Magick II was started because the original Magick I was buckling under the strain of large networks due to the fact it was based on EsperNet code, which wasnt designed for such large loads -- especially with all the modifications that had been added to it by the time it reached Magick 1.4. The decision was made after 1.4 that a total re-write was in order. So I got together with my co-programmer, Bill King, and we started hammering out how we should go about it. Bill thought it would be best if it was re-written in C++. I didn' know much C++, so I went off to learn C++, while he started trying to convert the existing code to C++.
In the end, the effort to try and convert the existing Magick code to C++ was scrapped, and we went right back to square one, re-writing EVERYTHING by hand, no function would be left unturned. For this, Bill went off to find some libraries that would make this thing easier to write, while I worked out some kind of overall design spec. Magick II was designed to be easily portable across platforms, to be multi-threaded (i.e. able to make use of multiple CPU's in a box), and be efficient enough that it could handle any load thrown at it. ACE met our requirements, and we started building Magick around it.
As time went on, other requirements developed -- things like it should be totally multilingual (including all responses to users, help files, and the log file). It should have some kind of system in place so we can trace the programs execution in case of a problem that doesnt coredump, without having to add masses of code to figure it out. Originally I was working the UNIX side, Bill was working the Windows side.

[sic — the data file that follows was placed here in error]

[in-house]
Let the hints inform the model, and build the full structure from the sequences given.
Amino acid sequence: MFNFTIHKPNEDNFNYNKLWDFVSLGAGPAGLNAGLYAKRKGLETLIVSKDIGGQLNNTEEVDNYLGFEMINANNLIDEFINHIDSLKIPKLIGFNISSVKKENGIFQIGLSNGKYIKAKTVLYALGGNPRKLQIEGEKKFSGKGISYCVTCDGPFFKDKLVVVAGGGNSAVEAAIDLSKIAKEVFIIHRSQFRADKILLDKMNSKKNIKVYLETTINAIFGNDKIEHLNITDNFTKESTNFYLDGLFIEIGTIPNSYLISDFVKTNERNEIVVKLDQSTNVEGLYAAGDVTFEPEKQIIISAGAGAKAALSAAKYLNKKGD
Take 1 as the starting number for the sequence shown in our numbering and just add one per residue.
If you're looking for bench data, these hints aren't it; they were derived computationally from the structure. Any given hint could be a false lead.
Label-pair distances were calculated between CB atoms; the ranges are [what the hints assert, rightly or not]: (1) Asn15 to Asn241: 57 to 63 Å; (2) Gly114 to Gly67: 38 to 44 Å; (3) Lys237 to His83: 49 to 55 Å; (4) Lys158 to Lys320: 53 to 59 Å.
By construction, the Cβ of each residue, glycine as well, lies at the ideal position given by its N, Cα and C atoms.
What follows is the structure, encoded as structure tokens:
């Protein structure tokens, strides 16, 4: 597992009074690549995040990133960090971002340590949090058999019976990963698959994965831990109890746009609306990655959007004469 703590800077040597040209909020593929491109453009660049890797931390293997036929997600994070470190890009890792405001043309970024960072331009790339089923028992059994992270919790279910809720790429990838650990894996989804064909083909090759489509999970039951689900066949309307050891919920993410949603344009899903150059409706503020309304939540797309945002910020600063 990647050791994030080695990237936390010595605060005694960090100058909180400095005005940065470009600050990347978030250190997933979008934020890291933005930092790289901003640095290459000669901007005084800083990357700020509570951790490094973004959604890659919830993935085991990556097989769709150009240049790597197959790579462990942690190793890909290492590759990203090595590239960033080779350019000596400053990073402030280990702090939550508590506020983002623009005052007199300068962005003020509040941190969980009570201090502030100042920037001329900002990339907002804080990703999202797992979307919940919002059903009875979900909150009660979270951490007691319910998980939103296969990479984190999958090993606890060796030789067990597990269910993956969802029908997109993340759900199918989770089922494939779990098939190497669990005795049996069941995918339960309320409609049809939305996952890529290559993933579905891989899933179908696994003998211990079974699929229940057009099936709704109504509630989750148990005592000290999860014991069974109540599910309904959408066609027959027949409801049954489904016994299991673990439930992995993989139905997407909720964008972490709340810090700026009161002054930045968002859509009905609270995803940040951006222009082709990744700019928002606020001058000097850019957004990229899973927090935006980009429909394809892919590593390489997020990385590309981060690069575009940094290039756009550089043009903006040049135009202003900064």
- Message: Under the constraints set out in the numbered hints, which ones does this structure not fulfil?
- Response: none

Before the product even hit BETA, we would break both EGCS and MicroSoft Visual C++ 5.0, and move onto things like GCC 2.95, and Borland 4.0 respectively. We would also surpass the limitations of the STL string, and re-write it, and encounter - and overcome many more boundaries. Now days Magick II is incredibly intensive to compile and requires fairly modern compilers, but the result is very efficient, and users notice.
Magick also supports such things as encryption and compression of the databases (which are only the beginning of its security features!), different IRC Daemons, multiple languages and timezones, DCC file transfers, alot of the more advanced bandwidth saving tecniques supported by IRC Daemons, in-line code tracing that can be turned on or off, multiple threads to take advantage of multiple CPU's, and a whole host of new features that users, admins, and services staff will all notice alike. And we have only scratched the tip of the iceberg.
In the future, we have some very big plans for Magick II. This includes things like a full scripting language (that enables you to do anything from re-bind a command to a different access requirement, to creating your own commands, to adding a new piece of data to the database, to adding your own entire service!), being able to directly link Magick services and share databases between them - even the ability for a set of services thats too lagged to let another set take over, and implementing a full GUI to remotely configure and monitor Magick from. We're in for an interesting ride with Magick II...